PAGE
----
U.S. takes another step to re-engage in Central Asia region

BISHKEK (TCA) — U.S. Secretary of State John Kerry on August 3 in Washington met with foreign ministers from the five Central Asian states of Kazakhstan, Kyrgyzstan, Tajikistan, Turkmenistan, and Uzbekistan as the United States tries to re-engage in a region dominated by Russia and China.

Following the second ministerial level meeting in the C5+1 format, the heads of foreign ministries of these six countries issued the Second Joint Declaration of Partnership and Cooperation, reconfirming their interest in further deepening cooperation through engagement in the C5+1 format, the U.S. Department of State said.

The U.S. Secretary of State and the foreign ministers of the Central Asian countries announced the launch of five joint projects, which the United States plans to support with up to $15 million, aimed at improving economic connectivity, adapting to and mitigating the impact of climate change, and increasing dialogue regarding the common threat of terrorism.

The Secretary and the Foreign Ministers declared the intention of their countries to:

– Implement trade facilitation measures and advance development of transportation corridors across the region to increase access to markets, improve productivity and efficiency of transport, and strengthen competitiveness in the region and in international markets;

– Strengthen logistics sectors across Central Asia to facilitate regional trade and promote investment potential;

– Enhance the region’s favorable business climate to attract foreign direct investment and facilitate local entrepreneurship, and broaden and strengthen business and investment contacts among the Central Asian countries and the United States;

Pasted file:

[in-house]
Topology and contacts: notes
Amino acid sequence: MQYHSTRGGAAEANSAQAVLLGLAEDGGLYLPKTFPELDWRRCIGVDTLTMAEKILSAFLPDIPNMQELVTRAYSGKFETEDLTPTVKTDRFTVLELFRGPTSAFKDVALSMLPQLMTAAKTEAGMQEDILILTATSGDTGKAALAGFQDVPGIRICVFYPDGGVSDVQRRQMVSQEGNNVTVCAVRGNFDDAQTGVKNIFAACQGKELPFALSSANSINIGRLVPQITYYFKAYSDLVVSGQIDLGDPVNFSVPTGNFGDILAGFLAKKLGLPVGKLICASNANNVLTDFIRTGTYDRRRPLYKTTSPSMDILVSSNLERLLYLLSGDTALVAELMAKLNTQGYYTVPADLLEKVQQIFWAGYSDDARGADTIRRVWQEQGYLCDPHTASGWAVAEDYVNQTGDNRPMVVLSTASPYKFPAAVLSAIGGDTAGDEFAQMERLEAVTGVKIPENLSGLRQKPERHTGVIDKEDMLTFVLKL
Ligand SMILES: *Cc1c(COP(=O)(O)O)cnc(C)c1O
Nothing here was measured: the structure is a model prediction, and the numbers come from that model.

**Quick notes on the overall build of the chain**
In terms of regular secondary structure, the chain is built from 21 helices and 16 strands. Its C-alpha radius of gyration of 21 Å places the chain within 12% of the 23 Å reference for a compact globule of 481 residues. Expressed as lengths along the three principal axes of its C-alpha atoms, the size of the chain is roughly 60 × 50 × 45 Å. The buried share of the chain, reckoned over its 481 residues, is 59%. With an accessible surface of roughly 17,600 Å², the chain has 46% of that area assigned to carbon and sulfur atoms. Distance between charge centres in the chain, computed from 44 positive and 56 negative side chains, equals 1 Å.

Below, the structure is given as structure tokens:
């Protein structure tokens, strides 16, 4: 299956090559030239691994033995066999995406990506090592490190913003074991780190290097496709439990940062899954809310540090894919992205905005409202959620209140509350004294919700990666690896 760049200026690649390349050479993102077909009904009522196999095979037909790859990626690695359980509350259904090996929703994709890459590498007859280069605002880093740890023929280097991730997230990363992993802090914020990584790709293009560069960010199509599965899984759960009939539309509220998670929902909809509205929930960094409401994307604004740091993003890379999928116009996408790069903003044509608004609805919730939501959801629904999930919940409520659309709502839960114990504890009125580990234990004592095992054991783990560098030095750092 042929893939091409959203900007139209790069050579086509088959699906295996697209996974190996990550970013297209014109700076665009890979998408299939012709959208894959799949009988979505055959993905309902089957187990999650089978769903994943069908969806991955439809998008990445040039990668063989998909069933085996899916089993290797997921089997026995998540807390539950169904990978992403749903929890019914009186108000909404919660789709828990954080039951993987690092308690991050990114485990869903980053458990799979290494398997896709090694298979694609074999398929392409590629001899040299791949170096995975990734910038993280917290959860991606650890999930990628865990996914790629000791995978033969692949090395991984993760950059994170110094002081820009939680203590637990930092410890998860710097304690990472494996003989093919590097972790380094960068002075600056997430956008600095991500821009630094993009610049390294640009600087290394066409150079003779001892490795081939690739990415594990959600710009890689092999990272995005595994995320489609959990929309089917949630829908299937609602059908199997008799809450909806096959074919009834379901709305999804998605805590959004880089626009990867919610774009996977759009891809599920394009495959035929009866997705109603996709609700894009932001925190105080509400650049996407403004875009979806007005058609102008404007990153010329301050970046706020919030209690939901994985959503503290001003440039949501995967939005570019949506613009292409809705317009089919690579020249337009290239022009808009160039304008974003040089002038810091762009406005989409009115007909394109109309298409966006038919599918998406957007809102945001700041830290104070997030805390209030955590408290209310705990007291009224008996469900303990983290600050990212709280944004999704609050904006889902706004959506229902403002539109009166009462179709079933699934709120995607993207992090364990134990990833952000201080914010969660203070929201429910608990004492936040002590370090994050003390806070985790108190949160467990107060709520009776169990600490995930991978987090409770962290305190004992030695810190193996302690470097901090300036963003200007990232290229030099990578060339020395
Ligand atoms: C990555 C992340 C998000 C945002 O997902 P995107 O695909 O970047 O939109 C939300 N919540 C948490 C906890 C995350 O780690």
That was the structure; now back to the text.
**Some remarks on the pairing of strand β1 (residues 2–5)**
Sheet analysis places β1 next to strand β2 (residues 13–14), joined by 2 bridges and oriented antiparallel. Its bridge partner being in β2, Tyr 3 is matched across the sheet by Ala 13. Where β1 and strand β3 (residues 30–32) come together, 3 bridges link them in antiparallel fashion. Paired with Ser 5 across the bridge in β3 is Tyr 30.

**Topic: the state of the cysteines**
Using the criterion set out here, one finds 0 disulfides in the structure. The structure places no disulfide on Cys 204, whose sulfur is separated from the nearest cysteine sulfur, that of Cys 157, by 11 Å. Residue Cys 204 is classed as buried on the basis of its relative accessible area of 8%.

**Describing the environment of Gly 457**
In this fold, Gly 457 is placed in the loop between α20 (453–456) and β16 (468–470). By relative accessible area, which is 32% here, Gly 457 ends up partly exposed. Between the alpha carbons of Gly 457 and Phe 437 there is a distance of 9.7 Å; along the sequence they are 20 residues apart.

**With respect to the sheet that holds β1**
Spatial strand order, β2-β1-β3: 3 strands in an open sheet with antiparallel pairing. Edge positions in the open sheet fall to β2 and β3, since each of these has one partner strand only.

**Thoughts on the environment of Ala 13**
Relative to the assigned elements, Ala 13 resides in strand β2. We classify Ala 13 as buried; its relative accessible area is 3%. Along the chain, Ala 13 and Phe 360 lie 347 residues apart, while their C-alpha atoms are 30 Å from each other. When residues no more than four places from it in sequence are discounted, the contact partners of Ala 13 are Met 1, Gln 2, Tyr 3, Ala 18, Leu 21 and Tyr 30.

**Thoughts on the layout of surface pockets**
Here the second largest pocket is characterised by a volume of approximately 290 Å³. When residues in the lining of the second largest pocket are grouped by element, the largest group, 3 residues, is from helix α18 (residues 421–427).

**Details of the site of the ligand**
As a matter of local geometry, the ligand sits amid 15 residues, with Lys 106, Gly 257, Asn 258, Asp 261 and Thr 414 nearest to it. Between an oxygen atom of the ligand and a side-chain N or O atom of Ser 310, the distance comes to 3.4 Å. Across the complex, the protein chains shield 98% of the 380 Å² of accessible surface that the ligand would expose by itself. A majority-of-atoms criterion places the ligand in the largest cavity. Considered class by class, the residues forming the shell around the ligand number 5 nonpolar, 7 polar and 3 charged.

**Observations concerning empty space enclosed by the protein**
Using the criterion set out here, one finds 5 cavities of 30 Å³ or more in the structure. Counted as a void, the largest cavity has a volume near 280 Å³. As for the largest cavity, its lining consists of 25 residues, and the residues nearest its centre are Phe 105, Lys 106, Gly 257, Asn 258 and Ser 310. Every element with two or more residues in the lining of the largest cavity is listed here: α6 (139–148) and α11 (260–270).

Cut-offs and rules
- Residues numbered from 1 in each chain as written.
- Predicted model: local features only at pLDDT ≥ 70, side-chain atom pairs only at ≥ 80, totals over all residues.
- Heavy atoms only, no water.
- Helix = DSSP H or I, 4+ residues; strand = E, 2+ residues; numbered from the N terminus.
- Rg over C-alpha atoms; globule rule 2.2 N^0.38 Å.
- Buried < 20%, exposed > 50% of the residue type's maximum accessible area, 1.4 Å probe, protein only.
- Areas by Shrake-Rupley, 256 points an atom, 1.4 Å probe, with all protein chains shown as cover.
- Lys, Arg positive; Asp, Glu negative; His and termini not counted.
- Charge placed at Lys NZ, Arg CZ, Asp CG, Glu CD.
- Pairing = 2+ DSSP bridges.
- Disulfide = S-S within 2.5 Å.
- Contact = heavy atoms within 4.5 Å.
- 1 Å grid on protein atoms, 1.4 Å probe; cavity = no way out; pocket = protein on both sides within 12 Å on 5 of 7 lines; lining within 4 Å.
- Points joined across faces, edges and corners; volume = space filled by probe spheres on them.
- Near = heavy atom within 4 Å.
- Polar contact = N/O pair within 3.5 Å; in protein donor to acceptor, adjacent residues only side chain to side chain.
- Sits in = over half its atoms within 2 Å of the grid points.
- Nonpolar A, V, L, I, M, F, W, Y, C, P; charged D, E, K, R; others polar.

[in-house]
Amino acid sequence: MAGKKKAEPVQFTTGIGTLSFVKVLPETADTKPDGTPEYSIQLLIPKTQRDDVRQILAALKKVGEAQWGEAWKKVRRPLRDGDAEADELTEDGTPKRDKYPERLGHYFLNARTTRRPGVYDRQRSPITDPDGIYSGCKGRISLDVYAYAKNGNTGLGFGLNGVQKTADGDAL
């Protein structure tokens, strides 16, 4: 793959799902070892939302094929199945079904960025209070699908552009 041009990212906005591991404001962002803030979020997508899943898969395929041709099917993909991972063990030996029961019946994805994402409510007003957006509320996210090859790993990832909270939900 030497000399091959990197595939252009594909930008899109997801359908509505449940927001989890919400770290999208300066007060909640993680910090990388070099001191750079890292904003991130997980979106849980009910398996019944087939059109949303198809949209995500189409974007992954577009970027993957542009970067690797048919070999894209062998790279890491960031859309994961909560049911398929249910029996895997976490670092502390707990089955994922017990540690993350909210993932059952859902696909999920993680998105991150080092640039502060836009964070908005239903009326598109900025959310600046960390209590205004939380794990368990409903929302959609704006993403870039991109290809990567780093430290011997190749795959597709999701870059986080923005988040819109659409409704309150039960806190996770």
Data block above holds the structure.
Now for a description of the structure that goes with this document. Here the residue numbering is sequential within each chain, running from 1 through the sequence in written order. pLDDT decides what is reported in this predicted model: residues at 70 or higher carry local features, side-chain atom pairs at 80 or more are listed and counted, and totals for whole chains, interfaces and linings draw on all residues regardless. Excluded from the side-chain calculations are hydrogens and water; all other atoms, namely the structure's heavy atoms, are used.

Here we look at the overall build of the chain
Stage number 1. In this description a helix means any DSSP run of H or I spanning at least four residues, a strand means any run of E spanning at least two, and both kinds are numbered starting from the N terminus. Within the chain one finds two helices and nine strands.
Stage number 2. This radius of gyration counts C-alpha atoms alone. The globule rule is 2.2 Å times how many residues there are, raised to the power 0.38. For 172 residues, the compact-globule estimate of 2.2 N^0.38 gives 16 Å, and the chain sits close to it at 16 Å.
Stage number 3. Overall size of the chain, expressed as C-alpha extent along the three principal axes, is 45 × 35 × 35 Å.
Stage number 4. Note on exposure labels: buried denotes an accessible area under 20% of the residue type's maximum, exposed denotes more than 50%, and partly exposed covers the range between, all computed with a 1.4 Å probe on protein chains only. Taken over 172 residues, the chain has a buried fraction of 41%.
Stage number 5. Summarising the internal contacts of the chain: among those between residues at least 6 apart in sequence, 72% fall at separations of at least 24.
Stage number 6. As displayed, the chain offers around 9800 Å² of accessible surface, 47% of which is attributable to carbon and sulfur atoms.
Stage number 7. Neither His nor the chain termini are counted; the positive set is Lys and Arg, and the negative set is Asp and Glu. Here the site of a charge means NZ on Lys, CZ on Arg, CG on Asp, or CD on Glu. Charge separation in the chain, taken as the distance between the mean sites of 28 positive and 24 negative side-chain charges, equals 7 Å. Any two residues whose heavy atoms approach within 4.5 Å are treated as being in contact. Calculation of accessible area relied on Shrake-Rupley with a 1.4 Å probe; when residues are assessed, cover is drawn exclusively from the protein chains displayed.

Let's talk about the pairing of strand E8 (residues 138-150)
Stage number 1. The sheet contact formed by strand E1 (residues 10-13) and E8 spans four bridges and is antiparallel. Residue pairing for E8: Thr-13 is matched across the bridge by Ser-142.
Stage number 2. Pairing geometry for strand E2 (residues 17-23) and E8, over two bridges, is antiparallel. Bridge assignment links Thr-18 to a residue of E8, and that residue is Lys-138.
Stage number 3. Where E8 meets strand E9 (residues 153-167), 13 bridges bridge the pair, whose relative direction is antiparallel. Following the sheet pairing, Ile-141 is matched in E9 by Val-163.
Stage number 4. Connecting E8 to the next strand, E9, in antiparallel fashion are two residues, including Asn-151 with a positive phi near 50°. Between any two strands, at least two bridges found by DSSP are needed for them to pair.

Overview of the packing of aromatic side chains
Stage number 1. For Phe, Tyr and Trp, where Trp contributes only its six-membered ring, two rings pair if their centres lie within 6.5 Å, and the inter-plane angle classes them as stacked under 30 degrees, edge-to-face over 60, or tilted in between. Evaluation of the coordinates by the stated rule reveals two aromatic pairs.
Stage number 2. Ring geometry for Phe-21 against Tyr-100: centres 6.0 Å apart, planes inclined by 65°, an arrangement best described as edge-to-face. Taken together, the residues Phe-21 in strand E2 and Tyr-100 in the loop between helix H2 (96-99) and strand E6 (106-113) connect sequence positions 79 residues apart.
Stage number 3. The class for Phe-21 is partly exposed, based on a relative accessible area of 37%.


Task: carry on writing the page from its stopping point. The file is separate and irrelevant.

– Contribute to the development of the region’s renewable energy resources;

– Support regional, national, and local-level planning and implementation of the measures to prepare for and adapt to the impact of climate change;

– Enhance cooperation to prevent and counter transboundary threats and challenges such as terrorism, and the trafficking of weapons of mass destruction, illicit drugs and human beings;

– Contribute to global and regional efforts on nonproliferation of weapons of mass destruction, including by respecting the provisions of the Treaty on a Nuclear-Weapons-Free Zone in Central Asia and pursuing entry into force of the Treaty’s Protocol;

– Increase dialogue on threats from foreign terrorist fighters, and exchange best practices on countering terrorism and preventing radicalization to violence;

– Continue support to Afghanistan and its development as an independent, peaceful, thriving state, recognizing that the situation in Afghanistan remains an important factor in security and stability of the entire region;

– Further develop cooperation in the humanitarian sphere and more extensive people-to-people ties and encourage wider educational, cultural, and business exchanges;

– Protect human rights, develop democratic institutions and practices, and strengthen civil society through respect for recognized norms, and principles of international law, including the United Nations Charter, the Universal Declaration of Human Rights, the Declaration on Principles of International Law, the Helsinki Final Act of the Conference on Security and Co-operation in Europe.

The C5+1 is a platform that brings together the five states of Central Asia and the United States to discuss and work on issues of common concern. At the first C5+1 ministerial, held in Samarkand in November 2015, the six ministers agreed to develop regional projects to improve security, promote economic connectivity, and increase resilience against the impacts of climate change.

Sergey Kwan


Sergey Kwan has worked for The Times of Central Asia as a journalist, translator and editor since its foundation in March 1999. Prior to this, from 1996-1997, he worked as a translator at The Kyrgyzstan Chronicle, and from 1997-1999, as a translator at The Central Asian Post.
Kwan studied at the Bishkek Polytechnic Institute from 1990-1994, before completing his training in print journalism in Denmark.

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